Queering Chinese Kinship
Queer Public Culture in Globalizing China
ISBN : 978-988-8528-73-8
172 pages, 6″ x 9″, 9 b&w illus.
What does it mean to be queer in a Confucian society in which kinship roles, ties, and ideologies are of such great importance? This book makes sense of queer cultures in China—a country with one of the largest queer populations in the world—and offers an alternative to Euro-American blueprints of queer individual identity. This book contends that kinship relations must be understood as central to any expression of queer selfhood and culture in contemporary cultural production in China. Using a critical approach—“queering Chinese kinship”—Lin Song scrutinizes the relationship between queerness and family relations, and questions Eurocentric queer culture’s frequent assumption of the separation of queerness from blood family.
Offering five case studies of queer representations across a range of media genres, this book also challenges the tendency in current scholarship on Chinese and East Asian queerness to understand queer cultures as predominantly counter-mainstream, marginal, and underground. Shedding light on the representations of queerness and kinship in independent and subcultural as well as commercial and popular cultural products, the book presents a more comprehensive picture of queerness and kinship in flux and highlights queer politics as an integral part of contemporary Chinese public culture.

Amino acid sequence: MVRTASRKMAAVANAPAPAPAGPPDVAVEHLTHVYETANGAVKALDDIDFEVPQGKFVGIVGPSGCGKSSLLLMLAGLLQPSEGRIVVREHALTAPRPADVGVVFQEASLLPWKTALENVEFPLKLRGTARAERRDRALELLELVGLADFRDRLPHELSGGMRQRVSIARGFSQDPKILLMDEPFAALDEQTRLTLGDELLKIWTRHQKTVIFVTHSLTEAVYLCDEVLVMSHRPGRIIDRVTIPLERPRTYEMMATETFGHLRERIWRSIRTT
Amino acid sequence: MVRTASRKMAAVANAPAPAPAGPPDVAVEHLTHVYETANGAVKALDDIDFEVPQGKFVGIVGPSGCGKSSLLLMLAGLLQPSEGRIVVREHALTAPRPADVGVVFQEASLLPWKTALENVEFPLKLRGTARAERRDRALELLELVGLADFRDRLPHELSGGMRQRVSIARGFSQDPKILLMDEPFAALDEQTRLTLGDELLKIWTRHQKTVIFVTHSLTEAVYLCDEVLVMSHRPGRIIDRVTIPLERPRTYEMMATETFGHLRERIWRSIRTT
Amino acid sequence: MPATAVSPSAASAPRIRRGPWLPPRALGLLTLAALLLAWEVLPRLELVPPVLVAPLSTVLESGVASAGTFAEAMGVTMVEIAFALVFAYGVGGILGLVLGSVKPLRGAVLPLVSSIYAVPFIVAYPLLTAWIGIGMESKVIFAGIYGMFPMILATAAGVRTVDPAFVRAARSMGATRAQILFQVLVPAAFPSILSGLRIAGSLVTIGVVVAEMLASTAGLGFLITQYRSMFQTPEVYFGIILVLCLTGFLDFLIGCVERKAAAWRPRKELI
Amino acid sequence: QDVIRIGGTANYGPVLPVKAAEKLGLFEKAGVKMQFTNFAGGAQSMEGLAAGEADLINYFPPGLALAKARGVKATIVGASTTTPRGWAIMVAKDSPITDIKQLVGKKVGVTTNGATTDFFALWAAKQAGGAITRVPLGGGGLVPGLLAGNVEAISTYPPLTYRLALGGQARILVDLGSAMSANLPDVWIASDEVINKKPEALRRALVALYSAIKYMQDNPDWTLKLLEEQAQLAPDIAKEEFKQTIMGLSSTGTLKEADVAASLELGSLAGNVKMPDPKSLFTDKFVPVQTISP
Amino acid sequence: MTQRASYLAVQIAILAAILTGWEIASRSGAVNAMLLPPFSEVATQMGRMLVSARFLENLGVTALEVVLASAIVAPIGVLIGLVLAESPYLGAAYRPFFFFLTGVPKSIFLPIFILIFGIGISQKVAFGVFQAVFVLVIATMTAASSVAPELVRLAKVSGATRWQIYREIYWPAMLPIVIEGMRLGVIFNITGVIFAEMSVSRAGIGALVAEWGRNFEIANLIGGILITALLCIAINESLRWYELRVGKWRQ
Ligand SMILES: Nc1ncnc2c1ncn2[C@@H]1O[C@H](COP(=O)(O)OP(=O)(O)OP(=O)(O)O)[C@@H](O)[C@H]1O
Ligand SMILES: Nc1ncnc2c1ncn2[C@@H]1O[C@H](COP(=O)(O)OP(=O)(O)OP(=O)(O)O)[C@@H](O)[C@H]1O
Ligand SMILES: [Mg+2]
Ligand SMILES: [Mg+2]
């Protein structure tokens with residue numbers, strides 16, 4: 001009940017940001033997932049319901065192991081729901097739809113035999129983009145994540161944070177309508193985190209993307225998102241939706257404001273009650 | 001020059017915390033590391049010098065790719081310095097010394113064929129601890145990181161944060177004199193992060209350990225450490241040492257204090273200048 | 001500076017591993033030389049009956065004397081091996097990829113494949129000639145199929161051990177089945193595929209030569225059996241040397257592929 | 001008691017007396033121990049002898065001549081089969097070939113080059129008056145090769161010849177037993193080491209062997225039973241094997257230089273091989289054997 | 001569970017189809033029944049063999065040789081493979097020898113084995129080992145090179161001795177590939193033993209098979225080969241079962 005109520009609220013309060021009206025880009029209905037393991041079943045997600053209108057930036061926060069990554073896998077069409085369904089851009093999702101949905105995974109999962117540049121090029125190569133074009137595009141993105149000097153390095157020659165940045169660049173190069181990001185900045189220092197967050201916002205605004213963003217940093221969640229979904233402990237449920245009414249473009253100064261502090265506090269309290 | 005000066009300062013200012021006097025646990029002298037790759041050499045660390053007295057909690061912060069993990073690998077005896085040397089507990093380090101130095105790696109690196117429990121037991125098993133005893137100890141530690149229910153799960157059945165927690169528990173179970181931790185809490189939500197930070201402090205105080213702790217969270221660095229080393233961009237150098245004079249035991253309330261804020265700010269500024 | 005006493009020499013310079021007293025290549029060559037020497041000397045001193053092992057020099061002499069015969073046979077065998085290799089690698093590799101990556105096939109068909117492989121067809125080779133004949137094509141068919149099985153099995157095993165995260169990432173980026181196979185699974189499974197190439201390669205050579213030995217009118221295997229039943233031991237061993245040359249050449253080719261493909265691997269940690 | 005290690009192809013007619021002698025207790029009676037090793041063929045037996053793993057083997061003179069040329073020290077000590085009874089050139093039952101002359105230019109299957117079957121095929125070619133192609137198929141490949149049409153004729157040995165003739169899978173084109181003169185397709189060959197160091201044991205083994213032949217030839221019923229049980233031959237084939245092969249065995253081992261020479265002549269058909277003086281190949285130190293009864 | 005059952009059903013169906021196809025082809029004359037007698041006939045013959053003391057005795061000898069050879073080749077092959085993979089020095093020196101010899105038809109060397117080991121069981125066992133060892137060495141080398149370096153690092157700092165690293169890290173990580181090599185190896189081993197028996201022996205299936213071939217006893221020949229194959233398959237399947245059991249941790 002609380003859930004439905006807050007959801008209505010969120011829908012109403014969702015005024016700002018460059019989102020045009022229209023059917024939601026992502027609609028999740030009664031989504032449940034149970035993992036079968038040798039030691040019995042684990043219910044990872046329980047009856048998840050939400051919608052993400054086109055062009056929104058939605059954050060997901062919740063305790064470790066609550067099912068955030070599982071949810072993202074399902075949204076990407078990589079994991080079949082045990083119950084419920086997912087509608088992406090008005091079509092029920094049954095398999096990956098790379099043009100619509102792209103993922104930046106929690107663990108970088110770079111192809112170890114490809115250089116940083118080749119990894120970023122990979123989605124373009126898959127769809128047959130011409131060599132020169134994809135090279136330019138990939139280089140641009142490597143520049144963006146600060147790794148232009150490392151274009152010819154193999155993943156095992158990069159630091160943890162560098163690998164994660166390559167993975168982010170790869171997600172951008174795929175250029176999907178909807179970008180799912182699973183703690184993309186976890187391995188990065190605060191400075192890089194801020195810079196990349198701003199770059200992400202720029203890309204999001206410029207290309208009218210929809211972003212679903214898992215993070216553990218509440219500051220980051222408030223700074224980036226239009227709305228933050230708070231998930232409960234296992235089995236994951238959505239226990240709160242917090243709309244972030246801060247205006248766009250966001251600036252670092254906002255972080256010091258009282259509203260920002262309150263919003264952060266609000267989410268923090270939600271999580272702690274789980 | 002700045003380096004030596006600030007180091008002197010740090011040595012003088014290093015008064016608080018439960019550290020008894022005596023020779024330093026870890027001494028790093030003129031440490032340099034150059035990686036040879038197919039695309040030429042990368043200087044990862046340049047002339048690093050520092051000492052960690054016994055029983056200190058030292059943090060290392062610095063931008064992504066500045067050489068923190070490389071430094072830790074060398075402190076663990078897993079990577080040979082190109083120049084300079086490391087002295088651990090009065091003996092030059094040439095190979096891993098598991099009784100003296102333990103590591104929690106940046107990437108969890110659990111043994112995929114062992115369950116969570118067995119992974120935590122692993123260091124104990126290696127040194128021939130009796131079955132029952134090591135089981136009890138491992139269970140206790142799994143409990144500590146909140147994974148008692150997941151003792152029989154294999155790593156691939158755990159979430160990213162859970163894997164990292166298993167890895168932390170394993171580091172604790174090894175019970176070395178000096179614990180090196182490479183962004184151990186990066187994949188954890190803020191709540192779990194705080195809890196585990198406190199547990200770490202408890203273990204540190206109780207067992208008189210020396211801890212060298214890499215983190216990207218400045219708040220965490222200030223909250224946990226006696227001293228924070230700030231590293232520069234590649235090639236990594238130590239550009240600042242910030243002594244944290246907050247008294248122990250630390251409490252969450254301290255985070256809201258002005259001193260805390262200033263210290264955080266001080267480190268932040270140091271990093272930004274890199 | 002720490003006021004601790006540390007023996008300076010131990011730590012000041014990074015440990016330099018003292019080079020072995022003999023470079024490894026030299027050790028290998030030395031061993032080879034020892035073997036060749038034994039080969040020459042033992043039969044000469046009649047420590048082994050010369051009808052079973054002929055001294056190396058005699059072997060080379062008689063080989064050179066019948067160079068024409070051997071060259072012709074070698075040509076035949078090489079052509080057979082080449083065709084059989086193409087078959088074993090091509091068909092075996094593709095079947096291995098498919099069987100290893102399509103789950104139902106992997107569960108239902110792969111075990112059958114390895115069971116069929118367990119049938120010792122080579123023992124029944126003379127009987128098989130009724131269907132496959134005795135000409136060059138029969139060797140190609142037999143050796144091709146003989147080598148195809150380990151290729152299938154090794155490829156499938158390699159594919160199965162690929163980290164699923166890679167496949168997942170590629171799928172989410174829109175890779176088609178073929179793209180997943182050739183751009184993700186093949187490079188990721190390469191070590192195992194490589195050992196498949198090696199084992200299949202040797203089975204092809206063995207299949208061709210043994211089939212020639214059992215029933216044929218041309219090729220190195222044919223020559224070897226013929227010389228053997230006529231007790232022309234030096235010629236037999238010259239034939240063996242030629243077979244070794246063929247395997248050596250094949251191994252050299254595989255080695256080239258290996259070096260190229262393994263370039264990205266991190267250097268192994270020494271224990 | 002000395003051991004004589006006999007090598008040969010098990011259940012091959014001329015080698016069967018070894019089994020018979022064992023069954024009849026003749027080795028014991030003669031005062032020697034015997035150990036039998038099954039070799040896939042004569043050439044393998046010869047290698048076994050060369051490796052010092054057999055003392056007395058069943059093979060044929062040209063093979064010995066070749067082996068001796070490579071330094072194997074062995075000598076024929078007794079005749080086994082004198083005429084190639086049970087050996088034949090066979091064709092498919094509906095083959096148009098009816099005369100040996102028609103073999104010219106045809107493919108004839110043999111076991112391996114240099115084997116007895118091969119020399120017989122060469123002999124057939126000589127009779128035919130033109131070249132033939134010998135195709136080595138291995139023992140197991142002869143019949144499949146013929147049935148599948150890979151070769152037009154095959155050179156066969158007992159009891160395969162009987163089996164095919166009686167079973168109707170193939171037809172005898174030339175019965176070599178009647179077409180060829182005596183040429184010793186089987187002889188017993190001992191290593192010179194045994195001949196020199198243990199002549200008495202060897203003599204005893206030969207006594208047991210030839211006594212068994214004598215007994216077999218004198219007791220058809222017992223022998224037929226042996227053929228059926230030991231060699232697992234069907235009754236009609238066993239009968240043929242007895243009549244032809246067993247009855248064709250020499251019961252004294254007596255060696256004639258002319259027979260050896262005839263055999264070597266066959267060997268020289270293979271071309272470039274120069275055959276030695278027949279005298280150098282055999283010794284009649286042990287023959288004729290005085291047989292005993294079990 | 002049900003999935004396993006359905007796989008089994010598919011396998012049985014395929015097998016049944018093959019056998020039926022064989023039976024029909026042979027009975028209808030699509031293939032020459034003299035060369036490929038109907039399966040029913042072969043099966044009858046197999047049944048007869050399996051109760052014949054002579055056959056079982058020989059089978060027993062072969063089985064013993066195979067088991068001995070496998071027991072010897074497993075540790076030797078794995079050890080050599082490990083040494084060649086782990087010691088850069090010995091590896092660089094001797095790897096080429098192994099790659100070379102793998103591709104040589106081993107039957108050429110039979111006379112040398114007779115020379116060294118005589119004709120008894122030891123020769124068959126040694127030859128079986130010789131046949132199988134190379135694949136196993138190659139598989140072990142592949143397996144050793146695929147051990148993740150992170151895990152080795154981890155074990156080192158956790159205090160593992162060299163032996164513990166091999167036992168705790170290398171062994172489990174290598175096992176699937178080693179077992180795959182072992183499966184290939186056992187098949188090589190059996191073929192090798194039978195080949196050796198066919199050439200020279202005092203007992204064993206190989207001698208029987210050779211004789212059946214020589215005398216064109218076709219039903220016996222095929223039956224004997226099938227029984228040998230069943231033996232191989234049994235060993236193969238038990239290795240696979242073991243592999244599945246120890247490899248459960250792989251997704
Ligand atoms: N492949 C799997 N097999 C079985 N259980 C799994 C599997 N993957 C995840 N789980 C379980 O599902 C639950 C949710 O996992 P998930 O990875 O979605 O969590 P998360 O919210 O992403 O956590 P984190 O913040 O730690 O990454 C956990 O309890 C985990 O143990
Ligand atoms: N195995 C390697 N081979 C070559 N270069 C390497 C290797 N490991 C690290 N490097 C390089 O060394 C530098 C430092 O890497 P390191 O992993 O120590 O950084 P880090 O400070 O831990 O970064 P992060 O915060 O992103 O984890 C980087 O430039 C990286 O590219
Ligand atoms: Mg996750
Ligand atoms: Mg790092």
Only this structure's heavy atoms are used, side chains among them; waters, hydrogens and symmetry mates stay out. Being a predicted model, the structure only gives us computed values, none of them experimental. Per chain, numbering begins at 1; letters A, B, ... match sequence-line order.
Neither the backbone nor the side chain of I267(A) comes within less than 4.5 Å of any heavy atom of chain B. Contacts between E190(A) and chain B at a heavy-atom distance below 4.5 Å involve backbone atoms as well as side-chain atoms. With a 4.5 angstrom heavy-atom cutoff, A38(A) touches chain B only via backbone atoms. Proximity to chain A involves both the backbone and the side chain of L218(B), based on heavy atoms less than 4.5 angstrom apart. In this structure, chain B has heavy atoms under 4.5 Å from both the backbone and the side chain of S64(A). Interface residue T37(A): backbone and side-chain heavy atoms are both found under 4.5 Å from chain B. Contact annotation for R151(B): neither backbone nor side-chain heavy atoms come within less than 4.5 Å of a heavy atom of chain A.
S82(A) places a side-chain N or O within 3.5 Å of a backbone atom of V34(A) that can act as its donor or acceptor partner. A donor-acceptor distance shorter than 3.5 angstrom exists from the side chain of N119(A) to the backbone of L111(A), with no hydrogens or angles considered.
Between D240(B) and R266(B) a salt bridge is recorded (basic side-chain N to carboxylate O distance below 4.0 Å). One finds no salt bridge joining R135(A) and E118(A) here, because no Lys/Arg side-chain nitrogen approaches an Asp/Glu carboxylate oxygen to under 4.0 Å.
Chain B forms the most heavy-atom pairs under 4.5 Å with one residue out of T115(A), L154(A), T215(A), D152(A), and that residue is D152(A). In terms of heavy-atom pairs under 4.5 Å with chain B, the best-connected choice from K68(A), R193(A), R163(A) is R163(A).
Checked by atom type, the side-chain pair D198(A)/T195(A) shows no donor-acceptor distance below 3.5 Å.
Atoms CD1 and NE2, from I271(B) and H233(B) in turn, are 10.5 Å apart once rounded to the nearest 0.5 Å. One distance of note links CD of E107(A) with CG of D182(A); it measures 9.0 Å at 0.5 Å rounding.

“The book makes a strong contribution to Asian queer studies through an in-depth theorization of queer kinship in the Chinese context, a comprehensive coverage of different types of queer media and popular culture, and an innovative discussion of homonormativity in the context of contemporary China. In a fast-developing and very competitive academic field, this book stands out as an important contribution.” —Hongwei Bao, University of Nottingham
“Queering Chinese Kinship represents the cutting edge of Chinese queer studies. Its sophisticated media analyses and provocative theoretical contentions reveal two central paradoxes: the interdependence of queerness and kinship despite China’s notoriously homophobic patriarchal familism, and the flourishing of queer public culture in spite of its infamously restrictive media environment. Brilliantly demonstrating how queer possibility emerges through a confluence of familial, media, state, and market forces, this book is a joy to read and a major contribution to the field.” —Fran Martin, University of Melbourne